Mon | Jan 17, 2022

Generation of the disenchanted

Published:Tuesday | July 28, 2015 | 12:00 AMAndre Sheckleford

Elections are upon us. The governing People's National Party has been hopping around the island giving tales of their triumphs. The opposition Jamaica Labour Party has been dashing criticisms. However, to the generation of the disenchanted, having experienced decades of discontent, noise is upon us.

One can't help but remember the young men clad in white shirts during previous elections demanding 'a money' for their vote.

The politically charged place blame on the disenchanted for their failure to participate in the political process. Those who wave green banners will look incredulously, asking, "Have you not experienced any of the past 26 years?", for their party has only led the country for only about four and a quarter of that 26. Those of House Orange will proclaim the alternative to be of gross incompetence, and point to infrastructural and technological advancement.

I am a relatively young man in this rat race of life, and I am a part of the generation of the disenchanted, having been eligible to vote in two elections and opted not to cast my ballot. The first was in 2007 when I was barely 18 years old.

The second time was in 2011, where the JLP fought to convince the nation that it deserved a second term, despite the disasters surrounding the protection of, subsequent hunt for, then extradition of Christopher 'Dudus' Coke, which led to so much bloodshed and loss of life.

There was no way this party could remain in power, but who was to replace them? A party which came out proclaiming that it would renegotiate a complex loan agreement with a giant multinational within two weeks? That claimed they would do this and slash taxes? That had the same old stalwarts from time immemorial who were part and parcel of the demise of this nation over the "18 years" the JLP harped upon in the previous election?

That pushed new young faces out to the fore, with voices that were more tribalistic and vitriolic than their forebears? They were not deserving of my vote, and to vote for them would have been to vote out the then ruling party, swapping one ill bunch for another.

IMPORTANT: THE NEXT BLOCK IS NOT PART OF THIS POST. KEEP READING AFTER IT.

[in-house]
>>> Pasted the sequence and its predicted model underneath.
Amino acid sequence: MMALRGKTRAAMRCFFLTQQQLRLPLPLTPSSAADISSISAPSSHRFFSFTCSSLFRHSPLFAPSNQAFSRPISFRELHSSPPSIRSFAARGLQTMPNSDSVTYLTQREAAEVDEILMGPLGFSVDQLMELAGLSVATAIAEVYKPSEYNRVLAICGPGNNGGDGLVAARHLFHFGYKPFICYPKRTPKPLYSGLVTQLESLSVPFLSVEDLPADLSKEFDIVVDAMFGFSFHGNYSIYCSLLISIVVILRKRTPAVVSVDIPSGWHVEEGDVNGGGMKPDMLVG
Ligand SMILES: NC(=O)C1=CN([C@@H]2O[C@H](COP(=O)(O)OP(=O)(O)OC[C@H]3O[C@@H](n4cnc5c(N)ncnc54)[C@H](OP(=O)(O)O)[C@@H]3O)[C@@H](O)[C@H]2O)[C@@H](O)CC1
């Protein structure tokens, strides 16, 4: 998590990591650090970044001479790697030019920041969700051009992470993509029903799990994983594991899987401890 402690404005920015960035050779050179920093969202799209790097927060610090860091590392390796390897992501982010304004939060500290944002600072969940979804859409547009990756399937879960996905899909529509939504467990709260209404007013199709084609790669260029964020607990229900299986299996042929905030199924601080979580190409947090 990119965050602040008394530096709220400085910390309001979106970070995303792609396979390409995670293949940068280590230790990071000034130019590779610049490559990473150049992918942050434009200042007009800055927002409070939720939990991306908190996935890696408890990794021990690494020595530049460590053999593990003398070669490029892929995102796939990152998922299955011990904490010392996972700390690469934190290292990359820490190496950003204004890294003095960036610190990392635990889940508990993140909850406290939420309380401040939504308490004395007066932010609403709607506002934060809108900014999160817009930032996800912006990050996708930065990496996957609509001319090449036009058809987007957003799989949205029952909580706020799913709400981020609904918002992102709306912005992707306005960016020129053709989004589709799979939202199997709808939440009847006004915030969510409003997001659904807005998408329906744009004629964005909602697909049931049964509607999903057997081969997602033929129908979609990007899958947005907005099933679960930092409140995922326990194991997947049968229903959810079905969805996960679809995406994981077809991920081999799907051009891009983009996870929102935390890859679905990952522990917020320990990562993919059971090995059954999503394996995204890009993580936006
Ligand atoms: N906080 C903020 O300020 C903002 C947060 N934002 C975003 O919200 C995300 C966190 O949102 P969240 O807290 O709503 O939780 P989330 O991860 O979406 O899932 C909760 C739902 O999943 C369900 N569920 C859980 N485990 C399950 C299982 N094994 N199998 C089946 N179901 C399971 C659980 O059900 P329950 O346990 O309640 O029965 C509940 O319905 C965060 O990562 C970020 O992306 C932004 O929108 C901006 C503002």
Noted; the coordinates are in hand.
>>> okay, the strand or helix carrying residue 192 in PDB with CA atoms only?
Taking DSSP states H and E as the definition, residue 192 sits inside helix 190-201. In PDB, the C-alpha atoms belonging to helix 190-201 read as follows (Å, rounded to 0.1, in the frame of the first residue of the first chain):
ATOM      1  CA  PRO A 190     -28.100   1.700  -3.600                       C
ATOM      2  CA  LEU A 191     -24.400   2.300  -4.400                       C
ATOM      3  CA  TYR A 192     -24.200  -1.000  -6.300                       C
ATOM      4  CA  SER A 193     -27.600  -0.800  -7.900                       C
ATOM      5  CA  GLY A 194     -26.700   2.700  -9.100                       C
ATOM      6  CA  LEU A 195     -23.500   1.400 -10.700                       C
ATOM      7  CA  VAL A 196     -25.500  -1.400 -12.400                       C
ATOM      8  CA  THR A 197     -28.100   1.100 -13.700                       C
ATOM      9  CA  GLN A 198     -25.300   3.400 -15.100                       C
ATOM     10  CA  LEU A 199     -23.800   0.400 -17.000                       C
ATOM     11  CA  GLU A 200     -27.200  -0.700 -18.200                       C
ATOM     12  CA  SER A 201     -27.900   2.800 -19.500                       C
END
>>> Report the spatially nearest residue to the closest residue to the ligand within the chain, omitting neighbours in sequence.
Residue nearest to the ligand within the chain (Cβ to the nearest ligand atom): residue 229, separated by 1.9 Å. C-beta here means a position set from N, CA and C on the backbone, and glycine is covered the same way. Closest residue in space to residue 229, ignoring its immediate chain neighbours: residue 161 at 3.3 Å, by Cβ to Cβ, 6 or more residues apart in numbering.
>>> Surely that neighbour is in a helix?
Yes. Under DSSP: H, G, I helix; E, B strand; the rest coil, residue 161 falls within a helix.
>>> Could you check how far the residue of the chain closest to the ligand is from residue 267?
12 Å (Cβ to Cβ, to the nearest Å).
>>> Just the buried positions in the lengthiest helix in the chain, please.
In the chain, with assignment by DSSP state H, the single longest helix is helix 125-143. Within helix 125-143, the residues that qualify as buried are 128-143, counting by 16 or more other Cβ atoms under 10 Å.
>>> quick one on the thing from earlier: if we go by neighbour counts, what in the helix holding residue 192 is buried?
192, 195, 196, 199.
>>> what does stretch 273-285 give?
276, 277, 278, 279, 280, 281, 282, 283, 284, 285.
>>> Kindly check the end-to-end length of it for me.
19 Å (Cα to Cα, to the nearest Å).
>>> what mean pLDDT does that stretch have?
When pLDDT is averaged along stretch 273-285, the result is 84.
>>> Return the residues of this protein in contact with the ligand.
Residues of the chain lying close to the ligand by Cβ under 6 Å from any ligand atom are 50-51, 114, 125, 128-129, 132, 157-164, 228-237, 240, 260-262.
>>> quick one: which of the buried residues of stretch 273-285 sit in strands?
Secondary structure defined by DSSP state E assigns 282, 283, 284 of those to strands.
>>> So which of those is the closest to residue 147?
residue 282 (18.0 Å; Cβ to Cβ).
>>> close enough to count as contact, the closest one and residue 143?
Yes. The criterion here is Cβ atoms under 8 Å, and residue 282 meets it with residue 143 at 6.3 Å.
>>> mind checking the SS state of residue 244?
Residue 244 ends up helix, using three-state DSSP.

Had I cast my vote in 2011 with a view to voting out the JLP, I would certainly be preparing to vote out what I perceive to be a most inept administration yet again. I would have embarked on a cycle of voting out, demonstrating the flaccidness of our democratic process.

Tekkin people fi eediat underscores this administration's style. To say the handling of chik-V was rubbish would be too generous. Couple this with the ridiculously low figures for the infected, and the absolutely disgraceful explanation given: to protect tourism.

Let's not forget the great sums of money gone missing from NSWMA which seemed to quickly become a non-topic. Let's not forget the former mayor in Hanover whose family was for everything imaginable, and will continue to navigate the course of life with bare sanction. Let's not forget the burning of Riverton that gripped the Corporate Area in a great health hazard for days, and the lack of responsibility which followed.


Fractured opposition


On the other side of the political fence is a most unimpressive Opposition, which is fractured and has demonstrated great immaturity. Minister Peter Phillips is certainly not doing a bad job with the holey basket he has to carry water, but I cannot help but think all opportunities and progress will be squandered by a party focused on petulance. For whom will I vote? The answer is simple: unless I am drastically impressed by one side (which certainly cannot be the governing side) between now and elections, I will not vote.

I am the generation of the disenchanted. I see two sides of the same coin, a rock and a hard place, two evils which do not deserve my endorsement. To vote will be to place my stamp of approval on the rubbish that will inevitably follow. I am one of the disenchanted who questions the validity of our political process, in a world where democracy is less democratic and governments are governed by commercial interests.

In the end, this may just be a pointless rant. It may serve as a nudge to the Opposition to show that they are worthy of more than a moment's consideration. It may be a signal to a third party to really show us what they've got. It may be a signal to myself to get up off my hind parts and do something more meaningful than write a tirade.

- Andre Sheckleford is a part-time lecturer, UWI, Mona. Email feedback to and